Syria, the socio-economic crisis

article published in 2009 November

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Syria today is at a crossroad for many reasons, but especially on a national and societal scale. Syria has changed a lot over the last few years and the consequences are visible everywhere and throughout the country’s landscape. On an economic, societal and political scale the country has evolved, but towards what? The government claims very often his dedication to reforms, but what kind of reforms and who benefits from them? In relation to economic policy, Syria has adopted a “social market economy” and has undermined even more it’s so called socialism. What are the consequences for the country and the population? Concerning society, a growing feeling of religiosity have been noticed these past years which is a general feature in the Middle East but more surprisingly it has been maintained and even endorsed by the officials’ of a supposed Secular state. Where have the secular and progressive ideals claimed by the Baath gone to? In relation to education, which is, according to the government, a priority, is Syria preparing a new generation of Syrians of citizens or of simple subjects? Many questions are raised and very few answers are given for the future of Syrians. 
Firstly, on an economic and financial scale, Syria has definitely entered a new era which favours the private sector. The Financial sector has developed in a very effective way as we can see in the different cities of Syria by the establishment of Private Banks, insurance firms and money exchange bureaus. The assets of the banking sector as a whole rose by 7.7 percent in 2008, while assets of private banks alone increased by some 28.7 percent ([1]). Similarly, deposits increased by 15.7 percent (36 percent for the private sector) and lending rose by 37.4 percent (83.6 percent for the private sector) ([2]), the private sector benefiting the most, meanwhile, the insurance sector grew by 33 percent in 2008 compared to the previous year ([3]). In March 2008, Syria has also launched its first stock exchange, the Damascus Securities Exchange, an important achievement for many economic and financial reformers. The Financial Sector has grown of 13% during the 2008 year ([4]).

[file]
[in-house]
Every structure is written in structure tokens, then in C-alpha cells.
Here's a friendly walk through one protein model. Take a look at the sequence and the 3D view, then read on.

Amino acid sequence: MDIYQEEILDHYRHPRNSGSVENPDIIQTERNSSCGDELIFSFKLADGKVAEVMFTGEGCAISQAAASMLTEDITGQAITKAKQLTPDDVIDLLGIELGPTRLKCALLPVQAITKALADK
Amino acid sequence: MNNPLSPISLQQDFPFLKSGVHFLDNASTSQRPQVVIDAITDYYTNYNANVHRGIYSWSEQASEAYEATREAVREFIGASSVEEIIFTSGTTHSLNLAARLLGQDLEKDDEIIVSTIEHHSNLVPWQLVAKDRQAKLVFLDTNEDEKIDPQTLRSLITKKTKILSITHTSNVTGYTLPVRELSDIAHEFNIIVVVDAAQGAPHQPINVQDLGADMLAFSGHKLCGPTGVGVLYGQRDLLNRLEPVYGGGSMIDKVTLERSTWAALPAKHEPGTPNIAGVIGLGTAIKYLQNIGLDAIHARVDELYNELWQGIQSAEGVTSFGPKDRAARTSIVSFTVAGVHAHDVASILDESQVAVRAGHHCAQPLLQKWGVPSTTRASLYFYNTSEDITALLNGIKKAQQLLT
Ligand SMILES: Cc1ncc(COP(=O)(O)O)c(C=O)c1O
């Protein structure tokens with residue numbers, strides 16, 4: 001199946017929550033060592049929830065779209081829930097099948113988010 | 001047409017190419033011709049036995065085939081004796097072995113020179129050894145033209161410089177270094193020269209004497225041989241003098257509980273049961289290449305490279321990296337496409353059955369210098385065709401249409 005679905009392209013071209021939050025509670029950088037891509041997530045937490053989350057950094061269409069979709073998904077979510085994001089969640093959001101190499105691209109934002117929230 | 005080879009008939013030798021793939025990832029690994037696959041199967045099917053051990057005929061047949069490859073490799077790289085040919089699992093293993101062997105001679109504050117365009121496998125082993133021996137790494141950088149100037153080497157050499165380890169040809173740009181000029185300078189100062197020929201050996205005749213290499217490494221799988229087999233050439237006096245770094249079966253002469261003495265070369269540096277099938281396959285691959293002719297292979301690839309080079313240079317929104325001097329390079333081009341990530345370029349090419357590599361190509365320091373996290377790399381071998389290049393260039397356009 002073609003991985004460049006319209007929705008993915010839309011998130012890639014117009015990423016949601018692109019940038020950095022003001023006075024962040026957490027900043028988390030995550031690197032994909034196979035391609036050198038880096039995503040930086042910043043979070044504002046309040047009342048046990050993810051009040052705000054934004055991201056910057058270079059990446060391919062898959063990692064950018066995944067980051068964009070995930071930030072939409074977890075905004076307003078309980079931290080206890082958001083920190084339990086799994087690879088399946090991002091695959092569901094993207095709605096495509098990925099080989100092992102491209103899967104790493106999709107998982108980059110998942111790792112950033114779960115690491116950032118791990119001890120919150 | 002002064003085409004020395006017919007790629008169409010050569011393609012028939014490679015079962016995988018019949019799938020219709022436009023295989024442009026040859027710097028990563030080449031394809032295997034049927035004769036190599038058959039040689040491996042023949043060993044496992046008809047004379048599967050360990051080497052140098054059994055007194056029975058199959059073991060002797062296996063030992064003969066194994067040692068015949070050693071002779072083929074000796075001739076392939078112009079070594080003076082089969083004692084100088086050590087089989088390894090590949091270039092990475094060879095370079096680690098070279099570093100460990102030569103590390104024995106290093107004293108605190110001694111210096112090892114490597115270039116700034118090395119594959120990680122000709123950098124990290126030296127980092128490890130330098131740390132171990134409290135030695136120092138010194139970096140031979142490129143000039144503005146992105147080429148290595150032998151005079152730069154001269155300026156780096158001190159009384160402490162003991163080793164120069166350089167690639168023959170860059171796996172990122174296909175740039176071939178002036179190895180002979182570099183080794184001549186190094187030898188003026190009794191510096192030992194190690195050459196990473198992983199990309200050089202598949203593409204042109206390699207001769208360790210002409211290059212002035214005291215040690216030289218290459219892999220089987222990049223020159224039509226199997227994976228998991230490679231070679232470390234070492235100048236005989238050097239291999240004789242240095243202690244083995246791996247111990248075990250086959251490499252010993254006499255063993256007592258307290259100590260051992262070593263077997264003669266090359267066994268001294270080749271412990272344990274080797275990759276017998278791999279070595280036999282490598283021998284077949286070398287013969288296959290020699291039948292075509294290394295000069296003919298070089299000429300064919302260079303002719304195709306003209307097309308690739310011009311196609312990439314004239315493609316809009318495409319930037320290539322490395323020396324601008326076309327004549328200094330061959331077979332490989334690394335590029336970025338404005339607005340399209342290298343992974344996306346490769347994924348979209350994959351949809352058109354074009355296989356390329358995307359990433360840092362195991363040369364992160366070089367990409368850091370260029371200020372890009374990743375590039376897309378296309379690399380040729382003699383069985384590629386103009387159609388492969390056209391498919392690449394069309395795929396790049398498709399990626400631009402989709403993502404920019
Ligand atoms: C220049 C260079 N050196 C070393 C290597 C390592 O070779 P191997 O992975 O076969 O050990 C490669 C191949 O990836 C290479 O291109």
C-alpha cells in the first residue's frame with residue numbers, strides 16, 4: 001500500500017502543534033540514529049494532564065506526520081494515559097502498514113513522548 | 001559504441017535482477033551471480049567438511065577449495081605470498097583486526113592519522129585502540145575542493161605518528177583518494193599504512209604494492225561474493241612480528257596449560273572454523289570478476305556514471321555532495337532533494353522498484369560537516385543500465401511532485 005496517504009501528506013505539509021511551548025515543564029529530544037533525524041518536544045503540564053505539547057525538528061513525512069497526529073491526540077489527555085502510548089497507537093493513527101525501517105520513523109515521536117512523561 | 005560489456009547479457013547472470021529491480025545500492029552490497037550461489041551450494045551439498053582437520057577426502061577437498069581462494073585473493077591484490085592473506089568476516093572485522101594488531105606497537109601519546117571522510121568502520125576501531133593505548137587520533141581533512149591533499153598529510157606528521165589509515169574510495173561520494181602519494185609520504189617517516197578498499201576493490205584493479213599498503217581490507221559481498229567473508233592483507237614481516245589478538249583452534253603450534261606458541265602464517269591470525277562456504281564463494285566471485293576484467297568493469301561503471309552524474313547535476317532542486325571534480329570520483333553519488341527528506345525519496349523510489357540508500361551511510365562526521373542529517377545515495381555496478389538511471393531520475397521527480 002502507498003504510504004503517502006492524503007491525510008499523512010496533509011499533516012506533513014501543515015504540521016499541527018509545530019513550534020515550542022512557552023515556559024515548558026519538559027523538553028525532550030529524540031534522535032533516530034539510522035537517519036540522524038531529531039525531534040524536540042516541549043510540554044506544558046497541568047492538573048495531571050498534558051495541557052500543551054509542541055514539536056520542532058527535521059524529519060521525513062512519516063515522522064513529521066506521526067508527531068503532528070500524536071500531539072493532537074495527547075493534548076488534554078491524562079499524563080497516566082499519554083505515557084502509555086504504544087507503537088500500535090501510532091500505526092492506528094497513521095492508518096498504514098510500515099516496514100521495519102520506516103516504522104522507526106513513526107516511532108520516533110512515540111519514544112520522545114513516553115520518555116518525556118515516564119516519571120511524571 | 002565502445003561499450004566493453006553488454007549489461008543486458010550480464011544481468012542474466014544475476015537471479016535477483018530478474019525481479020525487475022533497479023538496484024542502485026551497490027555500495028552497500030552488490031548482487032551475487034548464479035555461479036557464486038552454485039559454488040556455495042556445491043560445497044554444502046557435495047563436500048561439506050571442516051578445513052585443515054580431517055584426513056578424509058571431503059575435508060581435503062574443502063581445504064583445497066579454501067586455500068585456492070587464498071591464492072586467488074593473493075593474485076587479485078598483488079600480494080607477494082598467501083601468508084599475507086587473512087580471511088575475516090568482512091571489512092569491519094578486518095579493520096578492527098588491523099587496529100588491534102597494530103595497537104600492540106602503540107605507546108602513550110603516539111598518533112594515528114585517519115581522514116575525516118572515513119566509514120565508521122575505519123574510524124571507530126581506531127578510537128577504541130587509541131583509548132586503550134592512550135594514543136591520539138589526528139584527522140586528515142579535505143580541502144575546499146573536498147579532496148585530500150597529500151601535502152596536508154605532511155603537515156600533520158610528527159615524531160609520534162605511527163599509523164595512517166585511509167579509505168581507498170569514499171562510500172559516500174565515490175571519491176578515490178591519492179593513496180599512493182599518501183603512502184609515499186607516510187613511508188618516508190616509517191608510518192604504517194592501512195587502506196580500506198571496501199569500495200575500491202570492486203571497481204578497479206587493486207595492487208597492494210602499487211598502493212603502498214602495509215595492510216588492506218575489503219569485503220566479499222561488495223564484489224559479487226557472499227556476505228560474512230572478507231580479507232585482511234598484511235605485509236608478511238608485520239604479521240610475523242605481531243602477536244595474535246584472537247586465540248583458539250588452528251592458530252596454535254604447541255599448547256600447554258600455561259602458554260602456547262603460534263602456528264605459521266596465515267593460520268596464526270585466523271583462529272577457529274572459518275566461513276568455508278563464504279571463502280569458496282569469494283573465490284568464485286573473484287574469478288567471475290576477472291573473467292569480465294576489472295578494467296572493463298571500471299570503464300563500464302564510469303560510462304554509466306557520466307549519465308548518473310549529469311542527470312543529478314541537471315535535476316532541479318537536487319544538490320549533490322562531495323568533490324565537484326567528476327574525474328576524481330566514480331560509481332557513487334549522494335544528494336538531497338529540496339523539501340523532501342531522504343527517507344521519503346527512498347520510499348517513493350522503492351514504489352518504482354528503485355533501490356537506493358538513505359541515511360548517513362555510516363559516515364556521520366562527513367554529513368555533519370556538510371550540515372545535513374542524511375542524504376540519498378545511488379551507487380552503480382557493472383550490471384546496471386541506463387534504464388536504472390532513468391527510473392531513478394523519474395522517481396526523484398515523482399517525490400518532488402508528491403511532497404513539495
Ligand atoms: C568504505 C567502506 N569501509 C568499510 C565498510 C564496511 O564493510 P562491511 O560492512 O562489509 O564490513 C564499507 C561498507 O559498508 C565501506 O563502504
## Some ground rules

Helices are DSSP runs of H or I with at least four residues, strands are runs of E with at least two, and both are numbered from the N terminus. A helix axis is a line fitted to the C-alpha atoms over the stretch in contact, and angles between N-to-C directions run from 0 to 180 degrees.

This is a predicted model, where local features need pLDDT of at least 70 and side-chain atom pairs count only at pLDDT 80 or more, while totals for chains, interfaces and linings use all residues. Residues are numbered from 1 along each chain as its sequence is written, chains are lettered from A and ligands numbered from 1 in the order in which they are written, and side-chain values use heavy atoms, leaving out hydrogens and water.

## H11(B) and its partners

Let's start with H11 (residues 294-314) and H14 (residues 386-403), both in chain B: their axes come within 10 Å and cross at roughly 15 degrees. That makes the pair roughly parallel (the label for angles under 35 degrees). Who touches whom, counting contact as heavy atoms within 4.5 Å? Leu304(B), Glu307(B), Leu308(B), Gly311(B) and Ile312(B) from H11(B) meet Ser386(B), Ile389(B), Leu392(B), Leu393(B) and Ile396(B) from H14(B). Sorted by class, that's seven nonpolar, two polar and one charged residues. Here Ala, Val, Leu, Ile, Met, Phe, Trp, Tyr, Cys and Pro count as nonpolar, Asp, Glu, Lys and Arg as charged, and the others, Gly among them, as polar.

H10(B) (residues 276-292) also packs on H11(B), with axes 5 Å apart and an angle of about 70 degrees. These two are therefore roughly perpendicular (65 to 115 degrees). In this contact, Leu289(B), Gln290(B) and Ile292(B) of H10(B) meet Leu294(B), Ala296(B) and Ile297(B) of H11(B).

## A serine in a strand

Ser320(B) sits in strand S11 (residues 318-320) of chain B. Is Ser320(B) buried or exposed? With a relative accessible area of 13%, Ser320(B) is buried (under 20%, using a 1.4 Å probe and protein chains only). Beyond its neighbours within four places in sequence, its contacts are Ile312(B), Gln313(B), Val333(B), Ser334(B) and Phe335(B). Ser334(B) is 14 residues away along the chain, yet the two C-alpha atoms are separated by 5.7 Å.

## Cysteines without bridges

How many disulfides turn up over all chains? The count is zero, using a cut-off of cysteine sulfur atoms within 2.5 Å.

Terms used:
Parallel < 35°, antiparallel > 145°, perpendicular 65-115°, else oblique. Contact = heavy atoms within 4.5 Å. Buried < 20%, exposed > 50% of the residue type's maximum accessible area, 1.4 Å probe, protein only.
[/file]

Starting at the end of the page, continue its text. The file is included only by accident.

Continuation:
On an economic scale, the gross domestic product (GDP) of the country has grown by 7% in 2008 to reach 29 billions $ according to the Central Bureau of Statistic ([5]). Two mobile phone companies operate and the government is in the process of offering a third license ([6]). Import restrictions have been eased considerably, reaching 18.3 billions $ in 2008, which corresponds to a rise of 25.7% compared to 2007 [7], while exportation attained 14.4 billions $, an increase of 16.7% since 2007. The government has also done much to attract foreign direct investment, which has risen from SYP 5.7bn (USD 120m) in 2002 to hit SYP 52.25bn (USD 1.1bn) last year [8].
These features are mainly due to the liberalization of the Syrian economy and the reforms conducted by the government in the framework of a “social market economy”.
Do Syrians benefit from these measures? Quite sadly, not really; a UNDP report stated that the economic growth in Syria does not benefit to the population in general and that social inequalities have increased considerably these last few years [9]. Currently in the country, around 11.4% of the population, corresponding to 2 millions persons, can not afford to meet their food and non food basic needs. The considerable rise in prices and declining purchasing power of people is not a secret in the society. Moreover the government is struggling to reform, and reduce, the subsidies systems, penalizing again the population in a transition period towards a market economy. This economic transition is currently not benefiting the people, and despite the declarations of M Abdallah al Dardari, Vice President of the Ministers Council for economic affairs, affirming that a social market economy guarantees goods as well as high and costless quality services to the population [10]. Hussein Awdat, a Syrian writer and former Ba’athist, said on the opposite that this new economic policy is destroying the daily life of Syrian people and is totally against the interests of the population [11].